RNAs Could Stop Tumor Growth in Lung Cancer Patients

RNAs Could Stop Tumor Growth in Lung Cancer Patients

lung cancer mRNAsSmall RNA molecules, such as microRNAs (miRNAs) and small interfering RNAs (siRNAs), have the potential to serve as therapeutic agents specifically directed to inhibit tumor growth. Nonetheless, the delivering systems used to carry such molecules towards tumor cells are still severely impaired, since they need to correctly target the appropriate cells while avoiding enzyme degradation by the host.

In an attempt to solve this problem, researchers from the Koch Institute for Integrative Cancer Research at MIT have published a study entitled “Small RNA combination therapy for lung cancer” in the Proceedings of the National Academy of Sciences journal, whereby they successfully delivered small RNA therapies in a mouse model of lung cancer.

RNA-carrying nanoparticles composed of a small polymer lipid conjugate and targeting the lung were injected into genetically modified mice that presented an activation of the oncogene KRAS and a deletion of the tumor-suppressor gene p53.

This delivery system was tested with different small RNA particles, however, delivery of miR-34a, a p53-regulated miRNA, and siKRAS, a KRAS-targeting siRNA, significantly delayed tumor growth. Additionally, if both these RNAs were delivered in the same nanoparticle, tumors started to regress and shrink to about half of their original size.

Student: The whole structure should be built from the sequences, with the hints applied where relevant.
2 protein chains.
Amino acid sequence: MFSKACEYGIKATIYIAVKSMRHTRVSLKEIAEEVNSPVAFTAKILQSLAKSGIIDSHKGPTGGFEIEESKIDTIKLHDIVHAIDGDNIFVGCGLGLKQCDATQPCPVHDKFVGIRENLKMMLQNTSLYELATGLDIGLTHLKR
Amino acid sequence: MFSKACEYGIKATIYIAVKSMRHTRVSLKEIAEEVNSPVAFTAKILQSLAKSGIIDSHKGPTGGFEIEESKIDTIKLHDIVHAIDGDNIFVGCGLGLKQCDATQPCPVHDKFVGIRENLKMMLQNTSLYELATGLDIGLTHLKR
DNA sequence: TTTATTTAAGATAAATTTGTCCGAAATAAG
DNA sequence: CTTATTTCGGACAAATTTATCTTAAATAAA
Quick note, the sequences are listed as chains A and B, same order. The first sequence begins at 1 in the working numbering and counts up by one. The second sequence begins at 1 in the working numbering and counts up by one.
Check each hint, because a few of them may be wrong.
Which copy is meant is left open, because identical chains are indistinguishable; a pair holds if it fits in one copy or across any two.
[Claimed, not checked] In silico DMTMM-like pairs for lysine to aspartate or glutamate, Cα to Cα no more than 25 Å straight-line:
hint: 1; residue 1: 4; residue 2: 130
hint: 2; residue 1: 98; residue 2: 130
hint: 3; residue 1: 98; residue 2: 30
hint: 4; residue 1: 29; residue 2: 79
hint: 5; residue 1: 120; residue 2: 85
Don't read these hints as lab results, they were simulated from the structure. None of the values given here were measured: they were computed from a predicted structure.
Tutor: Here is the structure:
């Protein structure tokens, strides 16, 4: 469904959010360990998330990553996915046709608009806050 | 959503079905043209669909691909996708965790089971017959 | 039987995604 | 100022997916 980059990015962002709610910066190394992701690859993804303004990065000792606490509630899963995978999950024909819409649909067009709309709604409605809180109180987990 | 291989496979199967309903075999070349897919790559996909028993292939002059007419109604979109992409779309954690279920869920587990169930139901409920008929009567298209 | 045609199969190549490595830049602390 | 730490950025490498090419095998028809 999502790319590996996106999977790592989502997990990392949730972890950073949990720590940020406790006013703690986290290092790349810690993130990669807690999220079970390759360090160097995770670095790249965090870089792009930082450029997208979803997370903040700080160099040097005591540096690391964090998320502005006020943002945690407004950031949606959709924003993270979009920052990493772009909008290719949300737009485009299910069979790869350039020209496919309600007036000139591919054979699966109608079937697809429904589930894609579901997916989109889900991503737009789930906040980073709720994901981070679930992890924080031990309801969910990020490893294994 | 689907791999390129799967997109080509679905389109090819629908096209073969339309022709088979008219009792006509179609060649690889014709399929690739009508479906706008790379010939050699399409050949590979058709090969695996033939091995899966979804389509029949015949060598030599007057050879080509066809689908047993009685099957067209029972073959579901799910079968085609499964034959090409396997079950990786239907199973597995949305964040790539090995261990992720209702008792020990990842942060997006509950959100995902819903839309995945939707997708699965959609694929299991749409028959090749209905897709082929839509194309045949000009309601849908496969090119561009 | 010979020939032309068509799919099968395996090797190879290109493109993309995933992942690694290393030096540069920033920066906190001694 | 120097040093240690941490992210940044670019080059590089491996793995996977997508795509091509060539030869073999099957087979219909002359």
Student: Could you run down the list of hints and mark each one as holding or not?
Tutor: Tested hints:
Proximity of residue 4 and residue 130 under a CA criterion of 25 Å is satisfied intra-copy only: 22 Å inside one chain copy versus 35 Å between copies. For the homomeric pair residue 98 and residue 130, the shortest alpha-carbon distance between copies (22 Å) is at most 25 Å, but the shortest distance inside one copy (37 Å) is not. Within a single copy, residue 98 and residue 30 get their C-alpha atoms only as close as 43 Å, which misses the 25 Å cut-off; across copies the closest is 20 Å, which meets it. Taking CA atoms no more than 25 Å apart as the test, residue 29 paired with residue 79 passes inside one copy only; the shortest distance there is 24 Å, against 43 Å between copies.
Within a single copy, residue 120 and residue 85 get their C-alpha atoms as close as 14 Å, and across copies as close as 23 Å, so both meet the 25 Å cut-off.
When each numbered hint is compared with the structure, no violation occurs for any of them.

Mouse survival was compared between four different treatment options, including no treatment, treatment with cisplatin (a standard chemotherapy drug), treatment with nanoparticles carrying both miR-34a and siKRAS, and combined treatment with cisplatin and nanoparticles.

The results indicated that nanoparticle-mediated small RNA delivery together with cisplatin-based chemotherapy prolonged survival in this mouse model when compared with chemotherapy alone.

“Small-RNA therapy holds great promise for cancer. It is widely appreciated that the major hurdle in this field is efficient delivery to solid tumors outside of the liver, and this work goes a long way in showing that this is achievable,” said Dr. Tyler Jacks, Koch Institute Director, in an MIT press release.

The data obtained from this research reveals the potential of efficient RNA delivery as a personalized therapeutic strategy able to regulate genetic mutations present in cancer cells. Furthermore, these innovative RNA therapies can be combined with traditional drug therapies for improved results.

“RNA therapies are very flexible and have a lot of potential, because you can design them to treat any type of disease by modifying gene expression very specifically. We took the best mouse model for lung cancer we could find, we found the best nanoparticle we could use, and for one of the first times, we demonstrate targeted RNA combination therapy in a clinically relevant model of lung cancer.” James Dahlman, a graduate student and co-first author of the paper, also said in the press release.

This study was funded by the National Institutes of Health and the National Cancer Institute.

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